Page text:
NEW YORK (Jun. 29)
Jewish groups welcomed the U.S. Supreme Court’s decision Monday that questioned the constitutionality of creating legislative districts designed to ensure the election of minority representatives.
Many in the Jewish community have criticized redistricting plans around the country that have been drawn solely in recent years along racial lines.
“All Jewish organizations raise serious questions about compromising the color-blind nature of the Constitution,” said Jerome Chanes, co-director for domestic concerns at the National Jewish Community Relations Advisory Council.
The court’s 5-4 ruling supported that critique. It sided with five white voters in North Carolina who challenged a voting plan in their state that created a black district by stringing together a thin ribbon of black populations stretched out over 160 miles.
“Racial classifications of any sort pose the risk of lasting harm to our society,” Justice Sandra Day O’Connor wrote for the majority.
“Racial classifications with respect to voting carry particular dangers. Racial gerrymandering, even for remedial purposes, may balkanize us into competing factions,” she wrote.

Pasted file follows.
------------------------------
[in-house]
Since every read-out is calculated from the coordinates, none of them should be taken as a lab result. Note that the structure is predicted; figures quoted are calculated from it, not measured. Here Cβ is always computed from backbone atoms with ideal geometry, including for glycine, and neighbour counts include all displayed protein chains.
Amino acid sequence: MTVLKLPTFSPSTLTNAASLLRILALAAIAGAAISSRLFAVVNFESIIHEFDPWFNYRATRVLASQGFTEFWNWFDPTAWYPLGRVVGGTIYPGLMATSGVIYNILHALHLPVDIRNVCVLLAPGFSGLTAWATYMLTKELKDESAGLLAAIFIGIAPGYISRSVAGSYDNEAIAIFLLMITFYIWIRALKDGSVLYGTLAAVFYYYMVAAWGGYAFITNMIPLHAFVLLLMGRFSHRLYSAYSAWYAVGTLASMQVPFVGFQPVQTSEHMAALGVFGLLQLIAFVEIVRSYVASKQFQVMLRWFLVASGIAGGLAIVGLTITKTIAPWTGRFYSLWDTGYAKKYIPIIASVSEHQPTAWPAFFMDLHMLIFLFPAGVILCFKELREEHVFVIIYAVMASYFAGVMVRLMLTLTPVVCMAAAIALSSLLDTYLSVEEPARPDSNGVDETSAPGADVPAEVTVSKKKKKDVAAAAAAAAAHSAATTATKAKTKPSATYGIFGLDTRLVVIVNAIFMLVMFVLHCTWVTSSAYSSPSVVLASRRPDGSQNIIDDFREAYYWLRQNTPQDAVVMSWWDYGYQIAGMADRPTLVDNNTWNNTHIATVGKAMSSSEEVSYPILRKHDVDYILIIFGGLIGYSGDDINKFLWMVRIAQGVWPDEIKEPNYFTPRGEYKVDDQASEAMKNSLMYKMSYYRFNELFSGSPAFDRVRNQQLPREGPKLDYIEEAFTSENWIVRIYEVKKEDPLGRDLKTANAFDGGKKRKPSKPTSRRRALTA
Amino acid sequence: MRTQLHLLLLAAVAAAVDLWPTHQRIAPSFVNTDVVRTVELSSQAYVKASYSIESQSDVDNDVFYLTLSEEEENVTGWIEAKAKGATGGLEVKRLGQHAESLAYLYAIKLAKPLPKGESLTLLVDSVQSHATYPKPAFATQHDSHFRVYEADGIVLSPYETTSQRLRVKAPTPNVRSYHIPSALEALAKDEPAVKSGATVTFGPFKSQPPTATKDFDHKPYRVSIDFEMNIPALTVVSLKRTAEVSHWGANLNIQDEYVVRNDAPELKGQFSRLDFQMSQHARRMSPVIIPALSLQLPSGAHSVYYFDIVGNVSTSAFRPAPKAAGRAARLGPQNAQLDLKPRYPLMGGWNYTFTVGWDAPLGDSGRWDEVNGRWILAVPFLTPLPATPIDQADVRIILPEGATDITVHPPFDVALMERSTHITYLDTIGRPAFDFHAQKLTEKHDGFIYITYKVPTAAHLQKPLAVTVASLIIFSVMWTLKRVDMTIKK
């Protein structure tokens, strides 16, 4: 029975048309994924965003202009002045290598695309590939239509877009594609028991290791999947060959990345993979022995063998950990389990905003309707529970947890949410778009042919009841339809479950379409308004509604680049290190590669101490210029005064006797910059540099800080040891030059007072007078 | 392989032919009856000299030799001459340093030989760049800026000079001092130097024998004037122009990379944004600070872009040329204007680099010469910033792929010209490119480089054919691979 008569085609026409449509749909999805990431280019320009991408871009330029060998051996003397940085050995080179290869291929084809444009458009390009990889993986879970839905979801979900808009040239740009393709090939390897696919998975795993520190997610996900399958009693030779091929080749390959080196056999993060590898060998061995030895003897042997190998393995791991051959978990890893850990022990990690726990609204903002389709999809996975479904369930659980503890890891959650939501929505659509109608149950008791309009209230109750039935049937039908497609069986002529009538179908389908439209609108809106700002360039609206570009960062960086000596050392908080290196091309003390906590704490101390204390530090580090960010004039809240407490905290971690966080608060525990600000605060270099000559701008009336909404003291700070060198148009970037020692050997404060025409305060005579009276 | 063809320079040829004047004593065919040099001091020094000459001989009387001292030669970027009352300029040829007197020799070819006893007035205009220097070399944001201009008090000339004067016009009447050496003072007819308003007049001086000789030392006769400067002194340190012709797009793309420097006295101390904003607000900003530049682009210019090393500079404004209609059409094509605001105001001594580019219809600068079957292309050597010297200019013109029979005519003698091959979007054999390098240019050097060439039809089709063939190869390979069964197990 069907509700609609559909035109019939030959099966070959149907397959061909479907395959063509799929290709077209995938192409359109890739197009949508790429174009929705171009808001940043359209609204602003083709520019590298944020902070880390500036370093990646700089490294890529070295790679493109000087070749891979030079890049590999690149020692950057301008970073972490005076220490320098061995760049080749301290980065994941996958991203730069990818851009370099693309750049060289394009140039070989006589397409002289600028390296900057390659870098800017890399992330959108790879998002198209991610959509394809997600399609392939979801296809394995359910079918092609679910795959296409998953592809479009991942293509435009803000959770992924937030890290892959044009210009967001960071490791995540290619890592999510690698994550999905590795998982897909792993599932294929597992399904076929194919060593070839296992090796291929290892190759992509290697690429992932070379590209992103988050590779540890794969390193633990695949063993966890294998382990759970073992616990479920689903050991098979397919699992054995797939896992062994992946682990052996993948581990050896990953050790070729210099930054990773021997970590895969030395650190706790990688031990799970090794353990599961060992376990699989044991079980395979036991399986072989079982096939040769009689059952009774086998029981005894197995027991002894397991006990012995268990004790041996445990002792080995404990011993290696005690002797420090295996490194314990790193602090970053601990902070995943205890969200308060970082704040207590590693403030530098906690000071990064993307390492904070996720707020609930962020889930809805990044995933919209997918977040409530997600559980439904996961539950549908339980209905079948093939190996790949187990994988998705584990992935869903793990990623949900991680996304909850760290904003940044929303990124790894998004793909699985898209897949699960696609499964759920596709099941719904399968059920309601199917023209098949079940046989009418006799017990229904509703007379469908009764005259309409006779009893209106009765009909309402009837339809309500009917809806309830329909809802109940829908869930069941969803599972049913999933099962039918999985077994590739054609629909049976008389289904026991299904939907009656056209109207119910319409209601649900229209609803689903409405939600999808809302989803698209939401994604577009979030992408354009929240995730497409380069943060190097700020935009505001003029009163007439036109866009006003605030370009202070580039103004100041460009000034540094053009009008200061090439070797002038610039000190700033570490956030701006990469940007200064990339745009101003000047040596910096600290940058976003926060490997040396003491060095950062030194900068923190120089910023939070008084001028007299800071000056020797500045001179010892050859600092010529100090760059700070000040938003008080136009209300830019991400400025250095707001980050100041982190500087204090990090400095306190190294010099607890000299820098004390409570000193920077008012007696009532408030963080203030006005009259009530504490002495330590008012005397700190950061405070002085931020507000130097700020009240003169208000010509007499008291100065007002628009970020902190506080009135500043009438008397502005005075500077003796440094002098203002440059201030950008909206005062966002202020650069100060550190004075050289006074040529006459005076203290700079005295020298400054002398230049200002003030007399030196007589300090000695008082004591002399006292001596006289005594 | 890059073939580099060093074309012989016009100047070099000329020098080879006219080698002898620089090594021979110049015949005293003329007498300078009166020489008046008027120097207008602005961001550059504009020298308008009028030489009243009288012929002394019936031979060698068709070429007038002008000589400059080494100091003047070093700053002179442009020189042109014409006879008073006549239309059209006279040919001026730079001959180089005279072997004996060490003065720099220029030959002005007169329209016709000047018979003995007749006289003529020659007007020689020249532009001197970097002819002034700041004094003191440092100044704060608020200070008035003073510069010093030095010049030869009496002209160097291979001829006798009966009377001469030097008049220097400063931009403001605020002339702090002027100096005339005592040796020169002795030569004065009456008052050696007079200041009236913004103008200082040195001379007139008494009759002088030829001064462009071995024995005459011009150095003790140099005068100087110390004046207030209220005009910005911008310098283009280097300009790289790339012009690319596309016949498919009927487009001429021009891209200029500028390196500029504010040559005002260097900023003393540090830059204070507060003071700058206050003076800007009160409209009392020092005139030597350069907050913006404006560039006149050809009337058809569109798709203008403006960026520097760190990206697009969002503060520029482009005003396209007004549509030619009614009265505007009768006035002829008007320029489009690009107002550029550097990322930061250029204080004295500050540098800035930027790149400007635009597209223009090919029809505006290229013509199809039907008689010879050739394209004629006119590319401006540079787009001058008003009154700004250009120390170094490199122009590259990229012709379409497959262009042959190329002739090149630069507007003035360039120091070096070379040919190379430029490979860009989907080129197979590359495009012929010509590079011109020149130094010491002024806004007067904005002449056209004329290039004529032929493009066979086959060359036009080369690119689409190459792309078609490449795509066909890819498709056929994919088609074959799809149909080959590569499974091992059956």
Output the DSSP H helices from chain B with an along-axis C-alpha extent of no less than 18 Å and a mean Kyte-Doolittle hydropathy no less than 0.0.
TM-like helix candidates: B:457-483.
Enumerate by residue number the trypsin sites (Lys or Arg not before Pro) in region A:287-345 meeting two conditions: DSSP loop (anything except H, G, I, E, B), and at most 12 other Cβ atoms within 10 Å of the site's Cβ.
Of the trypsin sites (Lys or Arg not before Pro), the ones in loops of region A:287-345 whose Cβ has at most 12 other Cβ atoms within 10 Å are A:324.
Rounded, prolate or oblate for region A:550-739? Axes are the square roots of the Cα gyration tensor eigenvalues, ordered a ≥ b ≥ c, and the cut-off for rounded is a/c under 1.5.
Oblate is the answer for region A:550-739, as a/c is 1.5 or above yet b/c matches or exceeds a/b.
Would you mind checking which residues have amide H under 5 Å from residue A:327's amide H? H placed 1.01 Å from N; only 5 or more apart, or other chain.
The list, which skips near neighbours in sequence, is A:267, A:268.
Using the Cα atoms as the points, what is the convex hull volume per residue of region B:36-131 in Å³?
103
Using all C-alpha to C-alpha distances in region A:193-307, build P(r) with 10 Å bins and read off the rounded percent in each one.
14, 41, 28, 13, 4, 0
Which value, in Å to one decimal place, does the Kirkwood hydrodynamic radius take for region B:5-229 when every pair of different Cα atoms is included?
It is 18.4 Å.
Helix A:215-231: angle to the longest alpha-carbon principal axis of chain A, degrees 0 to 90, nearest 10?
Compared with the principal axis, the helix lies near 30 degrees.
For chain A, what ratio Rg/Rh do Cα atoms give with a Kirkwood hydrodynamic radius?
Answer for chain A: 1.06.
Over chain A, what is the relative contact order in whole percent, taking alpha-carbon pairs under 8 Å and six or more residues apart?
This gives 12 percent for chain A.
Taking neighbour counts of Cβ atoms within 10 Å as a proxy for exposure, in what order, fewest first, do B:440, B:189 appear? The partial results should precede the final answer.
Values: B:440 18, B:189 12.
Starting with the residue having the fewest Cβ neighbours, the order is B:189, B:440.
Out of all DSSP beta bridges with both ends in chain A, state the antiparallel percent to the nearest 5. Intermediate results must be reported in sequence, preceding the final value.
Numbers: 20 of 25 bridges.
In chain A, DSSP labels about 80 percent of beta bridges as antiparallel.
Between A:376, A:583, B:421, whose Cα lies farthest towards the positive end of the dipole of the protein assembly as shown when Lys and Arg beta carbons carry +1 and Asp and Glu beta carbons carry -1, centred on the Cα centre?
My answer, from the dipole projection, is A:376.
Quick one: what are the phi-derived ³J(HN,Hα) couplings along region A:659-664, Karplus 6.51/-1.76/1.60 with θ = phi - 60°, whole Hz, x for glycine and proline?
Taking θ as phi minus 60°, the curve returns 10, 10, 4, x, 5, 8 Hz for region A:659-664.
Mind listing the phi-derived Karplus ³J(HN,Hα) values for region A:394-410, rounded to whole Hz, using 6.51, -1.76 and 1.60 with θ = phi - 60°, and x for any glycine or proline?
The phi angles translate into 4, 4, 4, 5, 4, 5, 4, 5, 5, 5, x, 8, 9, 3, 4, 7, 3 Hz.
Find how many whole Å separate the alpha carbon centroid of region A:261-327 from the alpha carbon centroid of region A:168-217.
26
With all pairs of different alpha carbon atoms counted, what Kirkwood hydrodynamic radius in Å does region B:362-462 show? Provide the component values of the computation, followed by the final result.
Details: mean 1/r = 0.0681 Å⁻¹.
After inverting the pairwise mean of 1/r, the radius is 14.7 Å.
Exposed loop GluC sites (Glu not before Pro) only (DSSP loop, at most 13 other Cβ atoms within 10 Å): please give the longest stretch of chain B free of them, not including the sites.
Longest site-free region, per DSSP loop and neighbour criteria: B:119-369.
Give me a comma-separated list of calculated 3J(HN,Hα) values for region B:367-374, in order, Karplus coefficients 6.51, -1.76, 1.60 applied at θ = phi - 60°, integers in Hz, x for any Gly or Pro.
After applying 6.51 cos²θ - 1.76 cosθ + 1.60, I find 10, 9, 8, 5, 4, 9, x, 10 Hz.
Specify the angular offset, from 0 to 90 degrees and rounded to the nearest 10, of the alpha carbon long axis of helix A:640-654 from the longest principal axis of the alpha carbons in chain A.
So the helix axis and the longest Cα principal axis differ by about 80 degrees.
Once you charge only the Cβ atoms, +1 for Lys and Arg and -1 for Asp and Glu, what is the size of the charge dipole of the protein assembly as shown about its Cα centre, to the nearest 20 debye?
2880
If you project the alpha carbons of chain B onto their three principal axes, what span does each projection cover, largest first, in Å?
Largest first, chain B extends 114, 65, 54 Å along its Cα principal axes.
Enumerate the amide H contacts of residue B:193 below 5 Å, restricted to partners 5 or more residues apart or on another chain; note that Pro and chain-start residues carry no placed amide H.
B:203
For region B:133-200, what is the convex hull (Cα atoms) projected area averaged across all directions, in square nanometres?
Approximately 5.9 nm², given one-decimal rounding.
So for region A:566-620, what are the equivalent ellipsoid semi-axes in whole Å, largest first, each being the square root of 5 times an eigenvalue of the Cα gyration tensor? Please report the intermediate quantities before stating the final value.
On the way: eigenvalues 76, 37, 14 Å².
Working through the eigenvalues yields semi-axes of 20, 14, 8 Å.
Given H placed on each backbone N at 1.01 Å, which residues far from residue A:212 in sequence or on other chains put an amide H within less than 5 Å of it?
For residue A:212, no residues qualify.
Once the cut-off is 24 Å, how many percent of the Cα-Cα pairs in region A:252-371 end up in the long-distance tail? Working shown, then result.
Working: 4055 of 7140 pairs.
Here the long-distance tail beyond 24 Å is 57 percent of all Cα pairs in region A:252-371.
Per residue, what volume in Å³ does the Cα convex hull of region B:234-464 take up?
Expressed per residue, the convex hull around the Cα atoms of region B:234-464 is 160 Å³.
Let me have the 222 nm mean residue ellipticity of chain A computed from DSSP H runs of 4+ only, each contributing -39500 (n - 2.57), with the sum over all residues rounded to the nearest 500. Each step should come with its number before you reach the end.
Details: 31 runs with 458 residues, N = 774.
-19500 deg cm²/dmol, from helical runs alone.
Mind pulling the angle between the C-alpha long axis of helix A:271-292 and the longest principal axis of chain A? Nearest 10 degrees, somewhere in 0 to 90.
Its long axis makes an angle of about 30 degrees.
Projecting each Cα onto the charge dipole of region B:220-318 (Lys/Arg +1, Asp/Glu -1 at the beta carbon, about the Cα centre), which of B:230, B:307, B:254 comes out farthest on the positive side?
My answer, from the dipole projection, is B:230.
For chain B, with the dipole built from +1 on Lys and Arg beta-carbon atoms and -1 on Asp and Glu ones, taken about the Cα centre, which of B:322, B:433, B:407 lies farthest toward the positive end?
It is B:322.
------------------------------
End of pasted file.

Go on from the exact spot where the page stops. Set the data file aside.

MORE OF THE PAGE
The court ruled that the legitimacy of the district in question, North Carolina’s 12th, would have to be judged by a lower court based on whether it met “traditional districting principles.”
These include keeping districts compact, contiguous and within existing political subdivisions.
In the course of reapportioning districts following the 1990 National Census, minority districts were designed with often bizarre shapes. Some white legislators around the country found themselves without constituencies in the 1992 elections and either dropped out or lost re-election bids.
While the effects of this phenomenon have yet to be felt keenly within the Jewish community, the potential could be dramatic.
“Very few seats supported by Jews were districted out. Impact so far has been very small, though the potential impact is great,” said Chanes.
AGGRAVATES RACIAL POLARIZATION
In May, NJCRAC convened a consultation of community relations councils and national agency representatives on the implications of reapportionment for the Jewish community.
Participants decided to hold off on defining their position on this complex issue until they had more time to investigate it. They plan to reconvene in the early fall.
The consultation also addressed the 1965 Voting Rights Act, which was at issue in the case decided this week, Shaw vs. Reno. The act has often been used to protect the rights of minority voters in the face of gerrymandering by whites.
But, O’Connor wrote in her opinion, “it is unsettling how closely the North Carolina plan resembles the most egregious racial gerrymanders of the past.”
The act became a focal point in the failed nomination of Lani Guinier to become chief of the Justice Department’s civil rights division.
Guinier’s controversial views on the law were questioned by some Jewish groups, who feared she would support even more radical efforts to create minority districts.